She is the woman behind all the disturbances in Tokyo’s 20th ward. Notoriously known as the “Binge Eater” ghoul, she broke the conduct of the ghouls’ hunting grounds and began to eat excessively. This resulted in the appearance of the Doves who are agents specialized in exterminating ghouls. She’s deceptive and attractive which she uses her feminine wiles to prey upon men. Her most recent victim was Kaneki, but her meal was interrupted by a construction accident which spared the man’s life. Her organs were later transplanted into our hero, but her whereabouts are currently unknown.
Tokyo Ghoul is definitely one of those series that makes you have trust issues as you watch. The characters that will grace you with their presence will make sure of it. The reason why I classify this story as a tragedy is because after suffering traumatic events, our protagonist will be forced to relinquish the naiveté of his peaceful ideologies in this cruel world to become one of the greatest antiheroes I’ve ever seen.
Art & Animation
Studio Pierrot did an excellent job bringing the characters to life right down to their voices and expressions. The artwork highly detailed and beautifully recreates the manga’s cast into living beings. I also enjoyed the colorful portrayal of the ghouls’ predatory organs whenever they were on the prowl. Tokyo Ghoul also had very sleek animations which made every fight scene engaging.
However, there were some aspects of the anime that left me disenchanted. For example, the heavy censorship was unnecessary. If the production staff is going to animate a visceral story about monsters eating humans, one would assume they’d show the gore. When it came to those scenes it felt like it was handled with kids gloves (Elfen Lied spared no qualms with dismemberments).
Despite all that, the Studio Pierrot staff still remained faithful to some of the Ishida-sensei’s hidden references to the Major Arcana. The Hanged Man made a few appearances, but was mainly associated with our protagonist. In episode twelve (also a nod to the Arcana due to their sharing of the same number), Kaneki embodies The Hanged Man through sacrifice and change of his worldly view.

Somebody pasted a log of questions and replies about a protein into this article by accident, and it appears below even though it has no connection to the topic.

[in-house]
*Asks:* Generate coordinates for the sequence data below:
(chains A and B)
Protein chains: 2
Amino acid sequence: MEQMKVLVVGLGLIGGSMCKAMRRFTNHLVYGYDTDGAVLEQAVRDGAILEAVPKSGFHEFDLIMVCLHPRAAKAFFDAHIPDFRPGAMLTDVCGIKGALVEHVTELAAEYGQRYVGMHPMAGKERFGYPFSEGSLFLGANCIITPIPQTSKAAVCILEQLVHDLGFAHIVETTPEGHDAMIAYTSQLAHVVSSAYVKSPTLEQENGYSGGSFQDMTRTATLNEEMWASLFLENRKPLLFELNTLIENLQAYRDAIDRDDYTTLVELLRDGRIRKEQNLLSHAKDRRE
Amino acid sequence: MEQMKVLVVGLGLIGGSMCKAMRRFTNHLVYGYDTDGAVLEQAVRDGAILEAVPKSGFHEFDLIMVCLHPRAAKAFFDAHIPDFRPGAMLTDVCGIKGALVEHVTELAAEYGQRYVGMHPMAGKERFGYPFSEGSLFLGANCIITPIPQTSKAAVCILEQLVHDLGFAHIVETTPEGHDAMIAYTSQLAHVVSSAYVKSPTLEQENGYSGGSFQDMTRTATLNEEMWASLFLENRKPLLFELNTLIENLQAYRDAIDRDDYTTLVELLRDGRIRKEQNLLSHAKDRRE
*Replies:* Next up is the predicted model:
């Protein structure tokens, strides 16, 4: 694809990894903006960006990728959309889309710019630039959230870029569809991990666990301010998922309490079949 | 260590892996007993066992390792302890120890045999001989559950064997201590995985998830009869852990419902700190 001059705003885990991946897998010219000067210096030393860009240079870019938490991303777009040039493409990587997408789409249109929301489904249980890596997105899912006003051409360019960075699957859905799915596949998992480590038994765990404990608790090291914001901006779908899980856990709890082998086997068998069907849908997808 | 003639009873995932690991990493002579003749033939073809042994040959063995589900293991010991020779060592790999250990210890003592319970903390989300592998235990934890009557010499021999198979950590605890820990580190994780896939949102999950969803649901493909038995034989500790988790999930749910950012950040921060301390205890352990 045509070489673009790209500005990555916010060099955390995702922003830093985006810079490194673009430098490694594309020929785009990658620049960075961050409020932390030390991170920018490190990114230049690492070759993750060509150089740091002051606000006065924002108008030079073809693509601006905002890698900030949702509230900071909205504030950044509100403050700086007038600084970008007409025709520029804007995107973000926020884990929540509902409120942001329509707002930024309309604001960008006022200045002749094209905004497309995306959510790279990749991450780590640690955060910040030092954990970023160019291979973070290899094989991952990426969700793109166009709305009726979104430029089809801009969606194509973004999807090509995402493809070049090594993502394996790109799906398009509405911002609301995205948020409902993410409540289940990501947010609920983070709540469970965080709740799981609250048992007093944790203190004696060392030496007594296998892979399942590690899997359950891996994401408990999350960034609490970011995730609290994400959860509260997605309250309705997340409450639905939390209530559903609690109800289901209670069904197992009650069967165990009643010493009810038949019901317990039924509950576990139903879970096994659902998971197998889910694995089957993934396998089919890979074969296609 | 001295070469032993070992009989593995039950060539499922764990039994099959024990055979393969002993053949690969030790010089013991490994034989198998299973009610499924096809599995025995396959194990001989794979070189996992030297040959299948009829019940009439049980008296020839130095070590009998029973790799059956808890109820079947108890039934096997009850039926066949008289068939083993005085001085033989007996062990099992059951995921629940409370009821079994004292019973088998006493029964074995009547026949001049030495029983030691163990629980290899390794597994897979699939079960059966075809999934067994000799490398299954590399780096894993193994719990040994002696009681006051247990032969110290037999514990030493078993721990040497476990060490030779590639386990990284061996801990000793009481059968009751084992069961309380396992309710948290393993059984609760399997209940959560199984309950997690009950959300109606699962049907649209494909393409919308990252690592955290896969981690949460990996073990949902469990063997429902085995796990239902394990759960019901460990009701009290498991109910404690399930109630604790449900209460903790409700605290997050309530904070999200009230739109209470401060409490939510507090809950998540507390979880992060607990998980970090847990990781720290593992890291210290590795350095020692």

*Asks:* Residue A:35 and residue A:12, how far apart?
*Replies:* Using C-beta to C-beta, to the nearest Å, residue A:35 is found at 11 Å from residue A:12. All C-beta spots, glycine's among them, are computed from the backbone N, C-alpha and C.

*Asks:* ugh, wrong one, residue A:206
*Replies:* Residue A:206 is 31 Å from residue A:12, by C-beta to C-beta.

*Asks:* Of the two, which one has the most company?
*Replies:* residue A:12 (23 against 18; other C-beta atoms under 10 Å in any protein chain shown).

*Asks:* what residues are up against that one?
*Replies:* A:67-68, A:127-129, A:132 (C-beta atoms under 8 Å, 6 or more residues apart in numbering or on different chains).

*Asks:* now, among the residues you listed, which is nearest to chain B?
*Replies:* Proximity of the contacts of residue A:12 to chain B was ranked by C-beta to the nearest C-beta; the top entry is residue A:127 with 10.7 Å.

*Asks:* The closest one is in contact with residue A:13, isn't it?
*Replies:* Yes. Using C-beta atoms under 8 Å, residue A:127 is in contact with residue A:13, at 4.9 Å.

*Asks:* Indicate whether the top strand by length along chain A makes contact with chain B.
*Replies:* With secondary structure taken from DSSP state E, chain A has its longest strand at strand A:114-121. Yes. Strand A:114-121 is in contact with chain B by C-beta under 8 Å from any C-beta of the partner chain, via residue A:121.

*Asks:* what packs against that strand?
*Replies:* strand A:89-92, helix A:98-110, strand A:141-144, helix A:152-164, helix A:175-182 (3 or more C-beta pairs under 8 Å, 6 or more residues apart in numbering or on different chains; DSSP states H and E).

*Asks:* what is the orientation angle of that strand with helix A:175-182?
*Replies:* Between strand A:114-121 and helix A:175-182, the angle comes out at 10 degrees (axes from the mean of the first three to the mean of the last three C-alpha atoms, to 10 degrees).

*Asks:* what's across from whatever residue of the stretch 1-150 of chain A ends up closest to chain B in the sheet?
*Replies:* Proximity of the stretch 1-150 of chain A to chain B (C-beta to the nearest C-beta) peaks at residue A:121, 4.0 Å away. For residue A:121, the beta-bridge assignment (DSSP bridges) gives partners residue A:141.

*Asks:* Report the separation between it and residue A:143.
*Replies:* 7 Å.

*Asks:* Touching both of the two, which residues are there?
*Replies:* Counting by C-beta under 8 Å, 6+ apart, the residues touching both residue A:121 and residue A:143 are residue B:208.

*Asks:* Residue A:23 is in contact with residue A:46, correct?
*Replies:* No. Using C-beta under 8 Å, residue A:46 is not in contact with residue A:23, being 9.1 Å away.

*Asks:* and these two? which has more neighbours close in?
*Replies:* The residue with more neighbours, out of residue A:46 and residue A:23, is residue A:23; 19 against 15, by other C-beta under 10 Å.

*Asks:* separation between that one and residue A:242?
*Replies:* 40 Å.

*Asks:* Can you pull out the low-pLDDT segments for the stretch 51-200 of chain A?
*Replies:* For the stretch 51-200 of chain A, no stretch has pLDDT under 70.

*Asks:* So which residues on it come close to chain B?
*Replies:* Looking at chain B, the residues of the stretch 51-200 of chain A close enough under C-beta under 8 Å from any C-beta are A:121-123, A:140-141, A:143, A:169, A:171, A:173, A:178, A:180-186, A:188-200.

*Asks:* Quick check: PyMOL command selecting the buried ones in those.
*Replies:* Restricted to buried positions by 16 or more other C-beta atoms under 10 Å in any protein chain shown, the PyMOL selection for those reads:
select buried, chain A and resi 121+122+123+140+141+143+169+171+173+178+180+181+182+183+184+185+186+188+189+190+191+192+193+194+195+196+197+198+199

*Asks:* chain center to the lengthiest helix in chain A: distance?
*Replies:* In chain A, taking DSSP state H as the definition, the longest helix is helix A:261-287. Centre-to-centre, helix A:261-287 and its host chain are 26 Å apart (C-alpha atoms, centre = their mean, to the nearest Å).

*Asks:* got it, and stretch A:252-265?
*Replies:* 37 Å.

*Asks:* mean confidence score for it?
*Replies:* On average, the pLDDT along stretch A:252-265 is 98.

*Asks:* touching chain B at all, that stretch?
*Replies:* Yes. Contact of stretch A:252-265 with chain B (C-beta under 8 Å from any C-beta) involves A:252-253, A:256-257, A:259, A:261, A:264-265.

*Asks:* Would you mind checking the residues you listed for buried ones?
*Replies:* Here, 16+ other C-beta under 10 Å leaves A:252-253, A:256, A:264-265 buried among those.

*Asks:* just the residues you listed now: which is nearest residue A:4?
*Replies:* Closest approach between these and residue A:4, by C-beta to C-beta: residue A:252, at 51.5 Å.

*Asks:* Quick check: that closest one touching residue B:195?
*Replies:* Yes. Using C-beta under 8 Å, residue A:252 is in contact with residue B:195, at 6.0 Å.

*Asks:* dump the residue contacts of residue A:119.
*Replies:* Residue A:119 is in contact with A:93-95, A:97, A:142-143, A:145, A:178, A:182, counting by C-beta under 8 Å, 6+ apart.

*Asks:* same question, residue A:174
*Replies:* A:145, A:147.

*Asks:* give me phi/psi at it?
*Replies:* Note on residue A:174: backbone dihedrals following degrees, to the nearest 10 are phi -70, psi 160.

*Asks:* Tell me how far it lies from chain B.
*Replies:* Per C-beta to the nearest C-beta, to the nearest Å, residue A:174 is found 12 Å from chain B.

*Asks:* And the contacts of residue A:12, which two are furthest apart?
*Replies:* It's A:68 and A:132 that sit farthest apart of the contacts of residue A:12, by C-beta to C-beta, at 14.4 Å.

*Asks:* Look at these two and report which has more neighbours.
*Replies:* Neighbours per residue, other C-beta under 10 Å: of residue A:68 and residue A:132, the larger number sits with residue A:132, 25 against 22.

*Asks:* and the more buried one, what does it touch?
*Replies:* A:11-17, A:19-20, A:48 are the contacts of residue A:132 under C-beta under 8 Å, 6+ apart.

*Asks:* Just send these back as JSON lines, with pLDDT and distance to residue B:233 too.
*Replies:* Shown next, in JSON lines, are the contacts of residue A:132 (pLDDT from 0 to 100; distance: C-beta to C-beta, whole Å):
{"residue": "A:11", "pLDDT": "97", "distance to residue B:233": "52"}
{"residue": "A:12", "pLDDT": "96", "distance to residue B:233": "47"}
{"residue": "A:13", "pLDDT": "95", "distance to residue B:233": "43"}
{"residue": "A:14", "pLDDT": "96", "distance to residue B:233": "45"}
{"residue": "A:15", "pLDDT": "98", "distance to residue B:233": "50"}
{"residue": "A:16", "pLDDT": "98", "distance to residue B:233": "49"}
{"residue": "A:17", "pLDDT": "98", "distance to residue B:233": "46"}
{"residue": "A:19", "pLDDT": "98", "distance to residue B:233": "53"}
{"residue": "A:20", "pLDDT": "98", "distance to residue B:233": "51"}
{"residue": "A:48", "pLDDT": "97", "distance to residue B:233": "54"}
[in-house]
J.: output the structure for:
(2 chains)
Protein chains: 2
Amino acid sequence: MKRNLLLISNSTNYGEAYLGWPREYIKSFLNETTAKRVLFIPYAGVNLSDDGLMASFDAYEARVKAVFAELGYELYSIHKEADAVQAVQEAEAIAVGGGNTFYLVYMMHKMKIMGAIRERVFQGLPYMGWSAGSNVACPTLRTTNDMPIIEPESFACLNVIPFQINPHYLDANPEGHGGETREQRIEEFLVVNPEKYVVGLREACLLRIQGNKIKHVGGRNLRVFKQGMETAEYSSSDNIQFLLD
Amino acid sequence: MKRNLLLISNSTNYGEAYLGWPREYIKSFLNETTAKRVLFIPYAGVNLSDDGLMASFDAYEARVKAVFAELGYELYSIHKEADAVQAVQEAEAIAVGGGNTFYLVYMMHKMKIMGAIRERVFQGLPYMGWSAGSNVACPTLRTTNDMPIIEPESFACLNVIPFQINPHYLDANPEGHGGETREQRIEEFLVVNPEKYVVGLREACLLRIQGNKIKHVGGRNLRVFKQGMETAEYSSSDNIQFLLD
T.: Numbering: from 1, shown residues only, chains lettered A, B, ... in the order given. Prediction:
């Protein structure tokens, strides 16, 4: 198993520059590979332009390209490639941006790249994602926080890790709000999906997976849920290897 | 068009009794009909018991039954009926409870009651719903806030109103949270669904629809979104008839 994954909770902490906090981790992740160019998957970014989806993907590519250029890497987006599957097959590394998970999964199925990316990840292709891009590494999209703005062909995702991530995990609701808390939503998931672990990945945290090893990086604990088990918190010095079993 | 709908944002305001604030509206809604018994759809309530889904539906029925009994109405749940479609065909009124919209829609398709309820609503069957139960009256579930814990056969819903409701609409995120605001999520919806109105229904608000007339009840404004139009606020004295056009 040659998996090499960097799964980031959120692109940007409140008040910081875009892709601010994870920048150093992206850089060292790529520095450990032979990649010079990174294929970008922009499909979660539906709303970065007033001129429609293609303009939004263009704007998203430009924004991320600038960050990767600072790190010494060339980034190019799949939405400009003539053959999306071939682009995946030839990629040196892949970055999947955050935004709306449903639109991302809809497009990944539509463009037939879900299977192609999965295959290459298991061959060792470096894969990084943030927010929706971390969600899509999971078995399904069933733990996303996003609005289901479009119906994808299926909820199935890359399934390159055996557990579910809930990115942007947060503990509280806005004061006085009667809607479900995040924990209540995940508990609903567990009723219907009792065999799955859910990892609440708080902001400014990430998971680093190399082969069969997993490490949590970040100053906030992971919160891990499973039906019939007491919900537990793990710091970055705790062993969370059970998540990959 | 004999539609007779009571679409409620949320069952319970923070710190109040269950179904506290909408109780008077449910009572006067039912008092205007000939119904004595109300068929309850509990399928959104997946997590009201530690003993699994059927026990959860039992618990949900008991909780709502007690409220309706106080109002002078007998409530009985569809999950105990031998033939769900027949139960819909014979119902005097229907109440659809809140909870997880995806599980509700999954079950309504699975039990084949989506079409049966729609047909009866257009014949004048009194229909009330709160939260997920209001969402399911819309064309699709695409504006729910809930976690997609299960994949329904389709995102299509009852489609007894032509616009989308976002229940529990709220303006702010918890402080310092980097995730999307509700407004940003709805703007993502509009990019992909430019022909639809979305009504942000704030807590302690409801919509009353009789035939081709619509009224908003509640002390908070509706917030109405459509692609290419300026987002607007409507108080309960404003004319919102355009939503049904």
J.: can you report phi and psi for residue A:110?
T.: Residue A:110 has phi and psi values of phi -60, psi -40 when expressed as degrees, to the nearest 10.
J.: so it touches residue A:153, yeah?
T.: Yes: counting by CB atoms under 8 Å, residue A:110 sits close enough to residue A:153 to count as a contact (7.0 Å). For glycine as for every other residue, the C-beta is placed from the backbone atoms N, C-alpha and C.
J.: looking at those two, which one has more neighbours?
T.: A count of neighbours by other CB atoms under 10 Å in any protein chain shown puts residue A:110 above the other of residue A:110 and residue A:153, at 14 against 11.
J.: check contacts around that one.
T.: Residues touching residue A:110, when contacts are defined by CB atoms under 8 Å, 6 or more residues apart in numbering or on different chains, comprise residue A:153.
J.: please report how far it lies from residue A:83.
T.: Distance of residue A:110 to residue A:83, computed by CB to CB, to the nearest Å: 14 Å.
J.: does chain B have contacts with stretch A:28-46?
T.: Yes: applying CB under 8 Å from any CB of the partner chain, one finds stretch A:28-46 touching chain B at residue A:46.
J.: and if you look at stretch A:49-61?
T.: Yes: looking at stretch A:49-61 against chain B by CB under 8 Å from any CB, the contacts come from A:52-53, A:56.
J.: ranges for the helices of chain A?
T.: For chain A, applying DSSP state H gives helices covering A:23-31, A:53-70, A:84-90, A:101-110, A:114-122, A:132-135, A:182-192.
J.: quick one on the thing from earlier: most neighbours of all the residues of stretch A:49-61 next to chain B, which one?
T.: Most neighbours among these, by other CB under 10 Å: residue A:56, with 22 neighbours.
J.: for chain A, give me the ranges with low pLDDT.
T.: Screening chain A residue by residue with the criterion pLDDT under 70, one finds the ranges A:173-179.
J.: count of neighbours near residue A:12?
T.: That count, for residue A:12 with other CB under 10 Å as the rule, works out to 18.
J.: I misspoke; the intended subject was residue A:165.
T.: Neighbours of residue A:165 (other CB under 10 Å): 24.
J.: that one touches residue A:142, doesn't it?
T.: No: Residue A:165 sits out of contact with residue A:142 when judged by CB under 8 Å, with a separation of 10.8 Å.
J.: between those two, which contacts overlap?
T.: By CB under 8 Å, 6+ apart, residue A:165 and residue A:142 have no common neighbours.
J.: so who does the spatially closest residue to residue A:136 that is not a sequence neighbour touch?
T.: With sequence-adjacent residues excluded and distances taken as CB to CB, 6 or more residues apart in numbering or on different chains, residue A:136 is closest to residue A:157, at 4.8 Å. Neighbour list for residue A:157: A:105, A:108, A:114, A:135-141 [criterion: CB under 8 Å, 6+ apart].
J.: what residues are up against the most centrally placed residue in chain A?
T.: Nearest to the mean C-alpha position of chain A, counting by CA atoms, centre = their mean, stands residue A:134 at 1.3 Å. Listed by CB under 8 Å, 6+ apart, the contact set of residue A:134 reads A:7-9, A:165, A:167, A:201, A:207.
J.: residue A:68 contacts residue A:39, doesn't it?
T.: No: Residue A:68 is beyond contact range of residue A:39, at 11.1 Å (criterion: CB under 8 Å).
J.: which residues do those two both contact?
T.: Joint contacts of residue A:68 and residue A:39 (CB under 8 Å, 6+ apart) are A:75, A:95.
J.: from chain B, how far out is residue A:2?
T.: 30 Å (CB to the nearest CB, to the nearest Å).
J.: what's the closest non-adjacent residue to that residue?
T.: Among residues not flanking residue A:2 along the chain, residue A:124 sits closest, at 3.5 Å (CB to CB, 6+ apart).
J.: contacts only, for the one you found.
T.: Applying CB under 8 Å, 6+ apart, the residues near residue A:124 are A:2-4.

While Tokyo Ghoul’s animated series may have upset many fans of the manga, it’s still enjoyable to see my favorite characters come to life. Even though the story felt rushed, the buildup to Kaneki’s breaking point did not fail to deliver.
I will credit Studio Pierrot for their stellar cast and beautiful musical scores. It was a refreshing change of pace to hear the characters voices as well as experiencing different emotions depending on the scene and background music.
To this day, I get chills hearing the piano theme of Kaneki’s awakening in the last episode. Yutaka Yamada provided a delightful harmony of keystrokes that saunter through my eardrums while I witnessed Kaneki resolve himself to remove anyone who threatens the peace in his life.
Overall, I give a 7.5 to the anime of Tokyo Ghoul with the hopes of it getting a corrective reboot (Like Fullmetal Alchemist Brotherhood). The series is twelve episodes long with a continuation known as Tokyo Ghoul √A. This new series takes a path divergent from the manga completely so the experience is new to both manga and anime fans.
I highly recommend this series to those who have yet to experience it, but I suggest watching the anime first before reading the manga.
If I were to recommend a series that involves horror with humans being threatened by carnivorous creatures, I’d say check out Parasyte.
Do you agree with my review? Is there a series you’d like me to review? Drop a line with all your comments, thoughts, and suggestions to StephenR@theouterhaven.net!
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Should you watch Tokyo Ghoul?
Tokyo Ghoul is definitely worth checking out! It’s an amazing story about a young man’s tragic struggle to survive in a Darwinist society while clinging to his own humanity.